Current Intern FAQ
I don't know what kind of position I want. What should I do?
Only you can decide what interests you and what fits into your future plans. Think about what interests you in the political system, and use this to guide your selection. If you can't think of anything you want to do, it may be that you shouldn't be doing an internship, and it may be better if you defer your internship until you are more focused. At the same time, you don't need to have the next decade of your life planned out. Internships often help students decide on the first steps of a professional path; but the experience may also help to eliminate options. The most important thing in the decision making process is to reflect on your choice of internships and to have a clear idea of why your are choosing to explore a certain type of work.
I have a pretty good idea about what kind of internship I want, but haven't obtained a slot anywhere. How should I go about finding an internship?
Part of the internship experience is finding and obtaining your position. You will probably need to some research to identify opportunities, and then to take some initiative to apply for and obtain a spot. There are links on the class website that may help you to do this, depending on what kind of position you want. Most government offices have a section for prospective employees that contains internship information. Most political organizations with web sites will contain similar information. But you shouldn't hesitate to pick up the phone and make a call to inquire about opportunities. This will often save you time and get you valuable information.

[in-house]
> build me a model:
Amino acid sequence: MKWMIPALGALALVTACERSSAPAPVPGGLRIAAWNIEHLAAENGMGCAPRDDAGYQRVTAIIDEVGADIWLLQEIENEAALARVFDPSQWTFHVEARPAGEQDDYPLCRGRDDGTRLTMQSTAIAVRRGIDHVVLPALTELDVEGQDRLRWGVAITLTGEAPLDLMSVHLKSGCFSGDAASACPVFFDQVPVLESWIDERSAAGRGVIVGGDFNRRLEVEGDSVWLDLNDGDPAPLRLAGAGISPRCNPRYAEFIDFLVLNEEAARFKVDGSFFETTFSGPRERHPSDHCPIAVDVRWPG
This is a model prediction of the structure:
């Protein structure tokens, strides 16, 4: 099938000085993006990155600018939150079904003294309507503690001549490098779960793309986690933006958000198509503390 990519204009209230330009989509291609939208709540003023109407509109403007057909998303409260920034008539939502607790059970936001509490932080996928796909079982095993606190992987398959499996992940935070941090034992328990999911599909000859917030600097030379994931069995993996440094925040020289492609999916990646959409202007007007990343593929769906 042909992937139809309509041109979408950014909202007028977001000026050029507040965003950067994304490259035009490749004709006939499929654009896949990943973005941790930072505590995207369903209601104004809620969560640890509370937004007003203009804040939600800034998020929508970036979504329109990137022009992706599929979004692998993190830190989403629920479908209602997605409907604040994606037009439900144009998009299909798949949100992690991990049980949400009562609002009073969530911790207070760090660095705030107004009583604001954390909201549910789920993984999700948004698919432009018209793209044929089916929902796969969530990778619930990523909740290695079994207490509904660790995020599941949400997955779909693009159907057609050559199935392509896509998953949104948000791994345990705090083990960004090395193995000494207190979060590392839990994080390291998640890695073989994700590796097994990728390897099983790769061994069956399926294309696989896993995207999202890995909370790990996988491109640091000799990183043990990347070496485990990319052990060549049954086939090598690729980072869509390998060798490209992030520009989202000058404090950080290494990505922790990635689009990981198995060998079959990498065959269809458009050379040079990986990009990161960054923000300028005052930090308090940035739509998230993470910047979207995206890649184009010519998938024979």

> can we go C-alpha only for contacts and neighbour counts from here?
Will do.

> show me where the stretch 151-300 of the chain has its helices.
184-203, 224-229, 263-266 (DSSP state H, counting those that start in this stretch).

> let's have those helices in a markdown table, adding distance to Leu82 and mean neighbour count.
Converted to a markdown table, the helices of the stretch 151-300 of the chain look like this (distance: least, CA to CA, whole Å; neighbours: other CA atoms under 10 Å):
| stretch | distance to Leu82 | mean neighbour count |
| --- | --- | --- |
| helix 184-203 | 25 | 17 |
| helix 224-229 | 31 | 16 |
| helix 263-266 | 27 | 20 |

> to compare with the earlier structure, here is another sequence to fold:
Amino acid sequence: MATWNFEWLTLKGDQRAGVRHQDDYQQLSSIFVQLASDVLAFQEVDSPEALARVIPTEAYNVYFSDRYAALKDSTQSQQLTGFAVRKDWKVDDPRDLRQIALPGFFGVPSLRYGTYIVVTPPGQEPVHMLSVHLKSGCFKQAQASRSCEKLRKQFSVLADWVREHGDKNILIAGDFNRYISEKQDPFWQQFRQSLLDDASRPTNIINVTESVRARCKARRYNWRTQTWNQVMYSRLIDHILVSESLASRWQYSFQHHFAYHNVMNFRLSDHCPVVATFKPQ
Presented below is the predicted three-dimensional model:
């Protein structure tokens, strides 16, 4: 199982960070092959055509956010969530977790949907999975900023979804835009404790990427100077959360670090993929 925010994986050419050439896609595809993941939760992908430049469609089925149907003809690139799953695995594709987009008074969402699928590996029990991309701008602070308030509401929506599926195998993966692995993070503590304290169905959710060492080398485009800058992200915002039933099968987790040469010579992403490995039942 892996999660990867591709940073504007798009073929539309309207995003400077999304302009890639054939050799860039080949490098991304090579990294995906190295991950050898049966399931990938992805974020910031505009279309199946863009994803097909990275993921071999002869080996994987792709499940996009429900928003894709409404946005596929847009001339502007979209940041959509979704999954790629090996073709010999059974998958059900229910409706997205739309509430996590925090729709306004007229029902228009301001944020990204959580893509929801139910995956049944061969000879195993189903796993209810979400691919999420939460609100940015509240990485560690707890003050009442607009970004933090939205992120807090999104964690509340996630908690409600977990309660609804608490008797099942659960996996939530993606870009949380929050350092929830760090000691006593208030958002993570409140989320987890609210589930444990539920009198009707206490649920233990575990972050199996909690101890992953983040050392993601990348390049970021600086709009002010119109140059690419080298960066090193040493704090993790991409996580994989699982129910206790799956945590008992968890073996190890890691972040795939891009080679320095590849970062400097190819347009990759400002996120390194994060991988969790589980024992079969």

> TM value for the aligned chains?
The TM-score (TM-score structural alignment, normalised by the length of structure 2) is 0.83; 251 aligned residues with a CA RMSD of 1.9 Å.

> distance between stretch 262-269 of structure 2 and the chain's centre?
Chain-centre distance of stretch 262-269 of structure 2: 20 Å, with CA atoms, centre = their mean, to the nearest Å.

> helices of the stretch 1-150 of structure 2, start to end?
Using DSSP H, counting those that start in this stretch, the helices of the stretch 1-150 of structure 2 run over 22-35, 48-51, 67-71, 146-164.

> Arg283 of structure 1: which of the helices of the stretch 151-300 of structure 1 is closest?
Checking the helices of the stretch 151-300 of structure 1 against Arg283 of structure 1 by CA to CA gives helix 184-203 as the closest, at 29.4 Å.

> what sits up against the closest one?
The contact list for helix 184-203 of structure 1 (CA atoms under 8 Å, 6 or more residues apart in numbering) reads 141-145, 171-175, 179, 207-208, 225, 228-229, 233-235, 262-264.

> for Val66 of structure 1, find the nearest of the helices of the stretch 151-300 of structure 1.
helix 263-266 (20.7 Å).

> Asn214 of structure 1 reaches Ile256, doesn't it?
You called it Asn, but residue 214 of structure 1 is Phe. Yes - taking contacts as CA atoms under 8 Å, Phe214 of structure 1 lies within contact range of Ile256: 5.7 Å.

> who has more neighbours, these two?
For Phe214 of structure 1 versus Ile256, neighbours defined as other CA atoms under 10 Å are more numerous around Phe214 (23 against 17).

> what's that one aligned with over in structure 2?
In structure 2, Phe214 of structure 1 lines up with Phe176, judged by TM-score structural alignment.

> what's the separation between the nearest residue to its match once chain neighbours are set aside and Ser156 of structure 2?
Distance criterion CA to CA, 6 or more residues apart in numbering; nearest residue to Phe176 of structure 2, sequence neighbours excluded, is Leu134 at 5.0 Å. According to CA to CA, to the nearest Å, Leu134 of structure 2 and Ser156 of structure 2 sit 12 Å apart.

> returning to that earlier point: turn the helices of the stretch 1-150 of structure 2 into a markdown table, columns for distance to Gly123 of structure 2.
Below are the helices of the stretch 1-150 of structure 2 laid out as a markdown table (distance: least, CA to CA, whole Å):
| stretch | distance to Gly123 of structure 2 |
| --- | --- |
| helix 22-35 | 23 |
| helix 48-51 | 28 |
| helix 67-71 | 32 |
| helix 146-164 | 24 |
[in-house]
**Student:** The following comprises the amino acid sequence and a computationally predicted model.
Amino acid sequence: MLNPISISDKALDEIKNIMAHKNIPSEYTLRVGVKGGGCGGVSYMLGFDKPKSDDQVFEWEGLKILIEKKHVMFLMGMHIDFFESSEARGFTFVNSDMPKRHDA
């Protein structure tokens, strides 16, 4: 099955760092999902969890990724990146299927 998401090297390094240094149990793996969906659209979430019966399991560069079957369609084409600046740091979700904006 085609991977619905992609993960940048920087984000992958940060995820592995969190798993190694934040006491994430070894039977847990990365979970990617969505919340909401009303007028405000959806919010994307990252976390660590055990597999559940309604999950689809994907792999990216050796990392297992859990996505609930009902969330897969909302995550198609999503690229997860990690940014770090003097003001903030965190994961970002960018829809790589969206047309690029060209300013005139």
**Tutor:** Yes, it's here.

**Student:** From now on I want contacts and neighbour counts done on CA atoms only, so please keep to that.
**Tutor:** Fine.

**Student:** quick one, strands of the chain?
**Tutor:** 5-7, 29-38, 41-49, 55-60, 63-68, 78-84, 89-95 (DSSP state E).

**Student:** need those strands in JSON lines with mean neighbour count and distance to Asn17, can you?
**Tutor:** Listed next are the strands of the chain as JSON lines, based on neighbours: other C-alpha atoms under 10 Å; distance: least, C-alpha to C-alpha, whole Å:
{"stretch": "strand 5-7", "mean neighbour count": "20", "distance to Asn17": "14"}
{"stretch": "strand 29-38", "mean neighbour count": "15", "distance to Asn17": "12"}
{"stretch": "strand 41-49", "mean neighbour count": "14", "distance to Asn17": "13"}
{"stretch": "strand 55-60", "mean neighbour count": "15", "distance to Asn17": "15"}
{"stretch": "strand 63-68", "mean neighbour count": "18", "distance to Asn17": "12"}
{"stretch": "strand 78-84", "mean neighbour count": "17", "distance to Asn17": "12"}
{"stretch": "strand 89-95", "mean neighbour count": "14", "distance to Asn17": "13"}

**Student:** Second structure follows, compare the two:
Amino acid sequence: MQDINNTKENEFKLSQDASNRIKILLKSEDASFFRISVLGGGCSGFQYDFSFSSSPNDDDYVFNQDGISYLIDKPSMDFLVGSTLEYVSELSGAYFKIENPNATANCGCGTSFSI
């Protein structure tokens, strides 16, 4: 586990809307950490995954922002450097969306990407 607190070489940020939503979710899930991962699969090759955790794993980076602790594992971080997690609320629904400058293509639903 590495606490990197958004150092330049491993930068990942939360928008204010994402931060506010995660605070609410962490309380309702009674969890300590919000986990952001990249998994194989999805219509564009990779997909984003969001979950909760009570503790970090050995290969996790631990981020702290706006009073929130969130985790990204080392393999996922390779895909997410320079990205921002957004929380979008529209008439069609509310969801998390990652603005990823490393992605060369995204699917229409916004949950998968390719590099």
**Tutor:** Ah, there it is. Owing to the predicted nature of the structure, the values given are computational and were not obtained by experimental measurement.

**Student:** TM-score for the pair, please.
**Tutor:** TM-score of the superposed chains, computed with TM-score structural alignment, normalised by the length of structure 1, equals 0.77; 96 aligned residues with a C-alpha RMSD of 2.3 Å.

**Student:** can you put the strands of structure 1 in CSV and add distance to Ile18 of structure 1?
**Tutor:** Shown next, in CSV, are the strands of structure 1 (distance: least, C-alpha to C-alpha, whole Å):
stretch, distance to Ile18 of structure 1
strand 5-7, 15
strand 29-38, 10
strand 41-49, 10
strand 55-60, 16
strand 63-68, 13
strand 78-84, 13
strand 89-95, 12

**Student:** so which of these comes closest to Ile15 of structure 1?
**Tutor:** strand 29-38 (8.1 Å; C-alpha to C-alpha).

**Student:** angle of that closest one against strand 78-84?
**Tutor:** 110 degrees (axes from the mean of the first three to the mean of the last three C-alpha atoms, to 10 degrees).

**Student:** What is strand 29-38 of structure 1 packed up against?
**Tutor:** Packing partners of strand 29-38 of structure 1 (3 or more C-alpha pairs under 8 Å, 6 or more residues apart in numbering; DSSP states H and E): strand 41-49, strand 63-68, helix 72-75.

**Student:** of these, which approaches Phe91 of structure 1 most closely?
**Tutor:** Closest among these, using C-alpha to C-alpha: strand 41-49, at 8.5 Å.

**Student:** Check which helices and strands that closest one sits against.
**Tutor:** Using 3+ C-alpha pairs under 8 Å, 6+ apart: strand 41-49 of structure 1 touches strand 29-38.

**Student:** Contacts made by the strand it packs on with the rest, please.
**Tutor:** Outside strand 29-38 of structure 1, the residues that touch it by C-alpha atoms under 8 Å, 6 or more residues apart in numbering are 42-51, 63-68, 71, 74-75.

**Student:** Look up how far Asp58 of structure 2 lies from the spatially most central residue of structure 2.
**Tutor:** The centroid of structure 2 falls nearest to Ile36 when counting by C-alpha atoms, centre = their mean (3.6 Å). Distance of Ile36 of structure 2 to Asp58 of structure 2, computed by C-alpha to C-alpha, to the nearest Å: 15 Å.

I've looked on the web, on bulletin boards, and asked around, but I still can't find a slot. Can I get help from the coordinator?
How many hours should I work?
Interns for the standard 3-hour course should work 9-12 hours per week over the regular semester.
I'm having trouble finding information that helps me think about my particular position for the purposes of writing the papers. Where can I find help on this?
Start with a current textbook on Texas government and politics. If you can't find helpful information there, try doing some research in the library (using books and/or academic journals) on the office you're working in and on the roles it and institutions like it are expected to play in the political system. And don't forget that if you are working for a well-established organization (like a government agency), you can utilize the organization's institutional memory in the form of records and longtime employees to help you gather information and think about the organization and your role in it. And don't hesitate to get in touch with Dr. Henson -- it's expected that interns will use office hours and email extensively.
I don't understand what the instructor is looking for in the writing assignments. What can I do?
Interns are encouraged to come to Dr. Henson's office during office hours or to email him to make an appointment. Because there are fewer class hours in order to accomodate your work hours, everyone is expected to spend some time consulting with Dr. Henson one-on-one or in small groups about the writing assignments.